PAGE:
Webster grew up in Madison, N.C., which has a population of 2,219. He describes it as “a wooded, country area.” He and his buddies always have enjoyed canoeing. He also hunts deer.
When asked if his dream life, if not a baseball player, possibly would be an outdoorsy existence and owning a cabin in a quiet location, Webster replied: “Yeah, sounds good. I always like it quiet. Relaxed.”
Boston is a loud city though.
“I’m still getting used to it,” Webster admitted. “This is a whole different lifestyle up here than where I’m from. Everything is moving fast.”
Snyder, who was promoted to Boston recently, said: “Webby’s one of those guys where you really have to gain his trust before he opens up. ... Once he opens up in the clubhouse, he’s obviously a lot different. He’s never much of a talker regardless.”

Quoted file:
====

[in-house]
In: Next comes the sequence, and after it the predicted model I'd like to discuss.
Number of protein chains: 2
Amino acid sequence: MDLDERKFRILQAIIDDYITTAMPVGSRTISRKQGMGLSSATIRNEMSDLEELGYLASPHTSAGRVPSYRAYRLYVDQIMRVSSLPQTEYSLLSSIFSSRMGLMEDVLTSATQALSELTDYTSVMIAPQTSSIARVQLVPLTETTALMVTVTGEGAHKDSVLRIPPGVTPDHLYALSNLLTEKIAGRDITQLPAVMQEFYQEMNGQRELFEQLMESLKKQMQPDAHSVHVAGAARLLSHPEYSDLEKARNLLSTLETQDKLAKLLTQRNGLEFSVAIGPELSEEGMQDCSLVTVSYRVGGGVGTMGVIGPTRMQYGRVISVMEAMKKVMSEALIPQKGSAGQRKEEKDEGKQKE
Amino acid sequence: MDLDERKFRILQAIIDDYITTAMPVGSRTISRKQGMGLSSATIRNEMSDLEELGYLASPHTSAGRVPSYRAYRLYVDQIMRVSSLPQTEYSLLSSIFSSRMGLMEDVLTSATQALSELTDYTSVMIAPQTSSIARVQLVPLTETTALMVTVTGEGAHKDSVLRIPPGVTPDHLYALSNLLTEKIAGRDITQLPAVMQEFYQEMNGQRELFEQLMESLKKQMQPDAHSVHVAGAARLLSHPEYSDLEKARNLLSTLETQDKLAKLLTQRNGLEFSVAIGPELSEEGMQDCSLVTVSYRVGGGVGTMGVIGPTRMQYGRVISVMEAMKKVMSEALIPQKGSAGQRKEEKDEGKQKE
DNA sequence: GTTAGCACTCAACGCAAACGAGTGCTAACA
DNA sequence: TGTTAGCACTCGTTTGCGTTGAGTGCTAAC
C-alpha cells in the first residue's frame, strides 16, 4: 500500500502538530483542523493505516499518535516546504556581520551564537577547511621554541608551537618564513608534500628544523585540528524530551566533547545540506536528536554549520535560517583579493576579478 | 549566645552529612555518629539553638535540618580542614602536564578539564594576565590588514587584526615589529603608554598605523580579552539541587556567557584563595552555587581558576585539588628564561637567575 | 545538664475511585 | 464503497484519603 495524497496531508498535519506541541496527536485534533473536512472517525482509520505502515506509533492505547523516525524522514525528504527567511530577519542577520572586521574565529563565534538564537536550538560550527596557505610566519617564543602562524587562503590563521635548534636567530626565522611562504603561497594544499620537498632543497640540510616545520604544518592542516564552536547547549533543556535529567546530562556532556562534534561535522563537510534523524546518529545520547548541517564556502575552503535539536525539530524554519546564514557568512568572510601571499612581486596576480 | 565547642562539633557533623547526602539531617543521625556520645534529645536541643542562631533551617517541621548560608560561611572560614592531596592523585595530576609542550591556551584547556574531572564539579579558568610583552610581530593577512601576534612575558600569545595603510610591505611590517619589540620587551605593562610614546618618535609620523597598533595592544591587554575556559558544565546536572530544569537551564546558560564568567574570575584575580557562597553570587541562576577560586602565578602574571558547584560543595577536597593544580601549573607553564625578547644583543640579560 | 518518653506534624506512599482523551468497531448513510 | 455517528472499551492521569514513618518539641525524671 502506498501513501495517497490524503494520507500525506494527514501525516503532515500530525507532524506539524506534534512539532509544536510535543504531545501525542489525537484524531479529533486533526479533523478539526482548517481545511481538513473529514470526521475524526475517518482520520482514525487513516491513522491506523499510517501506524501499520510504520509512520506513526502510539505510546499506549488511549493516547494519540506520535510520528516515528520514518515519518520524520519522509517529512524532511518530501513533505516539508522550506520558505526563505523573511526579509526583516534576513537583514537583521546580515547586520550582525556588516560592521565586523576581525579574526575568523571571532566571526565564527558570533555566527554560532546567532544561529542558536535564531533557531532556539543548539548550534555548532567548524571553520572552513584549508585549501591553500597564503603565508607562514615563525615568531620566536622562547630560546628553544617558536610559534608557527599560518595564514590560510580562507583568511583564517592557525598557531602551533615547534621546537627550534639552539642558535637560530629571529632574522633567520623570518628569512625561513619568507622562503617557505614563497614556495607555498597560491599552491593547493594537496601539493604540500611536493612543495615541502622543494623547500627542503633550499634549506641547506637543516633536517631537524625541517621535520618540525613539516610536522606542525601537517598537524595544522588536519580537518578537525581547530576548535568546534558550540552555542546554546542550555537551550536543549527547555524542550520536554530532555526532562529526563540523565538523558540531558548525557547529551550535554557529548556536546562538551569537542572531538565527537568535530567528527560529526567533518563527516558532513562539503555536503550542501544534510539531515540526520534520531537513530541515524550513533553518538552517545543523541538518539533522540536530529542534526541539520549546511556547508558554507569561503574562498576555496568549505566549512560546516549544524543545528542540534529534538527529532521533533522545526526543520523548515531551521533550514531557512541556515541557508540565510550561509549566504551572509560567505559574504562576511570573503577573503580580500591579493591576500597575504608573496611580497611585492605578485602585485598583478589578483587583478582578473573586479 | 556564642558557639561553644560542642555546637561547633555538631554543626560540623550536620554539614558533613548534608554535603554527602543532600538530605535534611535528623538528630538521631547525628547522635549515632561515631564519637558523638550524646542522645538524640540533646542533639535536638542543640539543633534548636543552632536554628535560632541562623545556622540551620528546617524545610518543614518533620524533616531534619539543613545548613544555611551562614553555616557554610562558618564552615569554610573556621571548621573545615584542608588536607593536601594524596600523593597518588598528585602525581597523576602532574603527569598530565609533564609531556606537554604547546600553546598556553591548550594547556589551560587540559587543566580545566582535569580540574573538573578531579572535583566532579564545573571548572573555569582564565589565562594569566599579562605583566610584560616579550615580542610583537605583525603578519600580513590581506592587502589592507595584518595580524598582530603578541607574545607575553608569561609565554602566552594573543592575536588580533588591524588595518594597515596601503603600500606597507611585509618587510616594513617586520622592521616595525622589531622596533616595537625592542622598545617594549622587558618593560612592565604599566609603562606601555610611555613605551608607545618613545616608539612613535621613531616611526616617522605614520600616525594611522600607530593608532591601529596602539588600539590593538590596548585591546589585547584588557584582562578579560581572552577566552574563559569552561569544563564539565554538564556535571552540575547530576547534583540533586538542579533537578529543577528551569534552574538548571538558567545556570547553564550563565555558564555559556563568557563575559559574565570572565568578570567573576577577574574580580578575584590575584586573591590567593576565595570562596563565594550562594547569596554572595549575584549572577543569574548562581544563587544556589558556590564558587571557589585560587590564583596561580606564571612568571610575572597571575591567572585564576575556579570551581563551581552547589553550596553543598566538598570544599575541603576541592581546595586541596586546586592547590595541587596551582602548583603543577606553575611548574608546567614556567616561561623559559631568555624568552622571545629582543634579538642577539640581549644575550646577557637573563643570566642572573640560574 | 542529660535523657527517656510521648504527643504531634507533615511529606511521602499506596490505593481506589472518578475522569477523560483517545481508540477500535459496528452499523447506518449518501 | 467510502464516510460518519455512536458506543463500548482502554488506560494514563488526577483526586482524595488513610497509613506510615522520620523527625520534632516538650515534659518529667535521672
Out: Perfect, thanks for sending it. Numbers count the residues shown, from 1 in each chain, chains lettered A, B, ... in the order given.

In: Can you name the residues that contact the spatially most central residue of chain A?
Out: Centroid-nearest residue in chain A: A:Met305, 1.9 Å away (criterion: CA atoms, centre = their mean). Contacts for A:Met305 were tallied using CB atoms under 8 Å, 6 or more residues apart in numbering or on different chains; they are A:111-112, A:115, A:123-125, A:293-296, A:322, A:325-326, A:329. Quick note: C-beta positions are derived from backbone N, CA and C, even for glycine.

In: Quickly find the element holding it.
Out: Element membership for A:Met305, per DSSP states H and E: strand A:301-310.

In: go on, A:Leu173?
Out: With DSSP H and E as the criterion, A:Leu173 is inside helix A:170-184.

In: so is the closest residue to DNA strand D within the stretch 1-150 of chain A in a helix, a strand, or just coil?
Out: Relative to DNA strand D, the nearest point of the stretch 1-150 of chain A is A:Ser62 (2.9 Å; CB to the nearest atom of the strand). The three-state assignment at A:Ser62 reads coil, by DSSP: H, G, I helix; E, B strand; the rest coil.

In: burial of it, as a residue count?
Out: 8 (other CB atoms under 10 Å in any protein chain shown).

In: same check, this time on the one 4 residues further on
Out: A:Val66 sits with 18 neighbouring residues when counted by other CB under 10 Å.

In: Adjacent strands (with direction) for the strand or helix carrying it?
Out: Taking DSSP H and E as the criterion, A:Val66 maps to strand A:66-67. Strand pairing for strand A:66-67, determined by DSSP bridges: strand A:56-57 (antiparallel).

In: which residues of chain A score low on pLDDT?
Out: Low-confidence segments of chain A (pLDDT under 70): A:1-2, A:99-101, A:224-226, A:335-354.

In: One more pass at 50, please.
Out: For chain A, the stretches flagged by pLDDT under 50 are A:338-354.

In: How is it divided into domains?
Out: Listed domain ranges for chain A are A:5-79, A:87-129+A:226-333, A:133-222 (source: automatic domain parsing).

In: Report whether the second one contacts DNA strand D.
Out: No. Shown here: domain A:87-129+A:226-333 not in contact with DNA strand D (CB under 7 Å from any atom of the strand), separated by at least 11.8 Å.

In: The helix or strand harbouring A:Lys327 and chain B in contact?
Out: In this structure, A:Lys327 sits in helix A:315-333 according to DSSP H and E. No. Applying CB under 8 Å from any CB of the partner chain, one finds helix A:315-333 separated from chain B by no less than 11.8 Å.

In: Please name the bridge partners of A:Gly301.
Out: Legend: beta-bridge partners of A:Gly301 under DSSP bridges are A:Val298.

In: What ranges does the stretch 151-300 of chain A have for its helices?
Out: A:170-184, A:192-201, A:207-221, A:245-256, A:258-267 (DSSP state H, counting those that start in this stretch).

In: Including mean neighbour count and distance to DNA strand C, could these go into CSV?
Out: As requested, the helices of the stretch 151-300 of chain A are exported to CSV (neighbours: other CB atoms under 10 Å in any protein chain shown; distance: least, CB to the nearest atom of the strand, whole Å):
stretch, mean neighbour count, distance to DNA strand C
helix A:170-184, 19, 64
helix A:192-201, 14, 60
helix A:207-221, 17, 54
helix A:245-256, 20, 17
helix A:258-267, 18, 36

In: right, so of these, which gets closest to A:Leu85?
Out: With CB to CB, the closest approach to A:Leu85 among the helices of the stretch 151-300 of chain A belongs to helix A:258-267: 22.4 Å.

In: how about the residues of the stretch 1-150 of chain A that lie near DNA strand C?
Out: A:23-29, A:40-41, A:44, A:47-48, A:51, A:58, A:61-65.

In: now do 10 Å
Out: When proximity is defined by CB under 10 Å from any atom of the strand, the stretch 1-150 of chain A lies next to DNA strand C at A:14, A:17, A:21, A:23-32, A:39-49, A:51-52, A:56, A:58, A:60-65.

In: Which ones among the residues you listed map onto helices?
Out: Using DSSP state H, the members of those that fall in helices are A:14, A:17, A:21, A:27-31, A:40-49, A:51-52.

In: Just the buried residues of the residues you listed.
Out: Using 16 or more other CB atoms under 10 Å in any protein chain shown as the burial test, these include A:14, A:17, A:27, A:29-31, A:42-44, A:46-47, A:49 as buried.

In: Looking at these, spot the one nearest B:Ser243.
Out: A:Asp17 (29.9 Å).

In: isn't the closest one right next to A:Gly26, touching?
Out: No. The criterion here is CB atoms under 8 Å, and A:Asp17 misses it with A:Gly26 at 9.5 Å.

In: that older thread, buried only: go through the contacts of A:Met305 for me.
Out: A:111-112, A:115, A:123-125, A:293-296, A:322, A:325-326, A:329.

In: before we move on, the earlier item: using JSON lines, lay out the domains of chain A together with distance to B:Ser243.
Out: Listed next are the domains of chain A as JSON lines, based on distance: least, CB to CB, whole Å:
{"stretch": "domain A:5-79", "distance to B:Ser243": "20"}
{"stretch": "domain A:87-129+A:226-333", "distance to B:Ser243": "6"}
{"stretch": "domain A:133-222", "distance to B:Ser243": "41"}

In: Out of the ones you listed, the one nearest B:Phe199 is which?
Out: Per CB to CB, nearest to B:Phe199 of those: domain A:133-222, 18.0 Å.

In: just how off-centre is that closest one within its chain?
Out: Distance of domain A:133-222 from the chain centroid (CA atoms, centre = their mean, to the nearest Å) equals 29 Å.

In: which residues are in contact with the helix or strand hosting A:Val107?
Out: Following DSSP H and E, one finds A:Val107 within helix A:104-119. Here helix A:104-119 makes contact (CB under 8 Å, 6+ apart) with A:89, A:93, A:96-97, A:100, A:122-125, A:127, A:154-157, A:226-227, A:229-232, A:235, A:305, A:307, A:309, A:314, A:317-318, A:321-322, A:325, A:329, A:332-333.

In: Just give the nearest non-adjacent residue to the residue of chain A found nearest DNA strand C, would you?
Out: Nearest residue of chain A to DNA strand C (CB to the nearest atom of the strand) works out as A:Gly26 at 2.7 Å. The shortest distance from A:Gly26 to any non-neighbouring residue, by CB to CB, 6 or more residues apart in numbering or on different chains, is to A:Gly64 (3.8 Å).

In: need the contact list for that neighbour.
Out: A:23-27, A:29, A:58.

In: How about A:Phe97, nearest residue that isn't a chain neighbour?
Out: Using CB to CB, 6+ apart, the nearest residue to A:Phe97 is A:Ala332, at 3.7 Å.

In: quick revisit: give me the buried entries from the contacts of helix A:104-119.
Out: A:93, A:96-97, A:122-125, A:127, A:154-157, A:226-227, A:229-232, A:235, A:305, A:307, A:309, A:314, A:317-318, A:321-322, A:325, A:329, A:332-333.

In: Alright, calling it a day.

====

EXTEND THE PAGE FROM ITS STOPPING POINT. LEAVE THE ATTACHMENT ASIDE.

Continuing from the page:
Webster does seem to fit Boston in the sense that his shyness disappears when he’s on the mound.
“He definitely has that bulldog mentality,” Snyder said. “He’s up there going right after hitters. He’s a competitor.”
Webster entered spring training ranked by Baseball America as the 49th best prospect in professional baseball. He turned heads spring training, reaching 98 mph on the radar.
“His changeup is a key pitch for him,” Red Sox manager John Farrell said. “When he’s in a tight spot, that pitch gets his delivery back in sync, gets him back down in the strike zone and on the plate more regularly.”
Webster is only with Boston now because Clay Buchholz (neck) remains on the disabled list. The youngster certainly is getting some valuable experience for next year when he likely will join Boston’s starting rotation to begin the season.
“Obviously I just got to get better with my fastball command,” Webster said. “Just every start is a learning experience. Every start something happens that you learn.”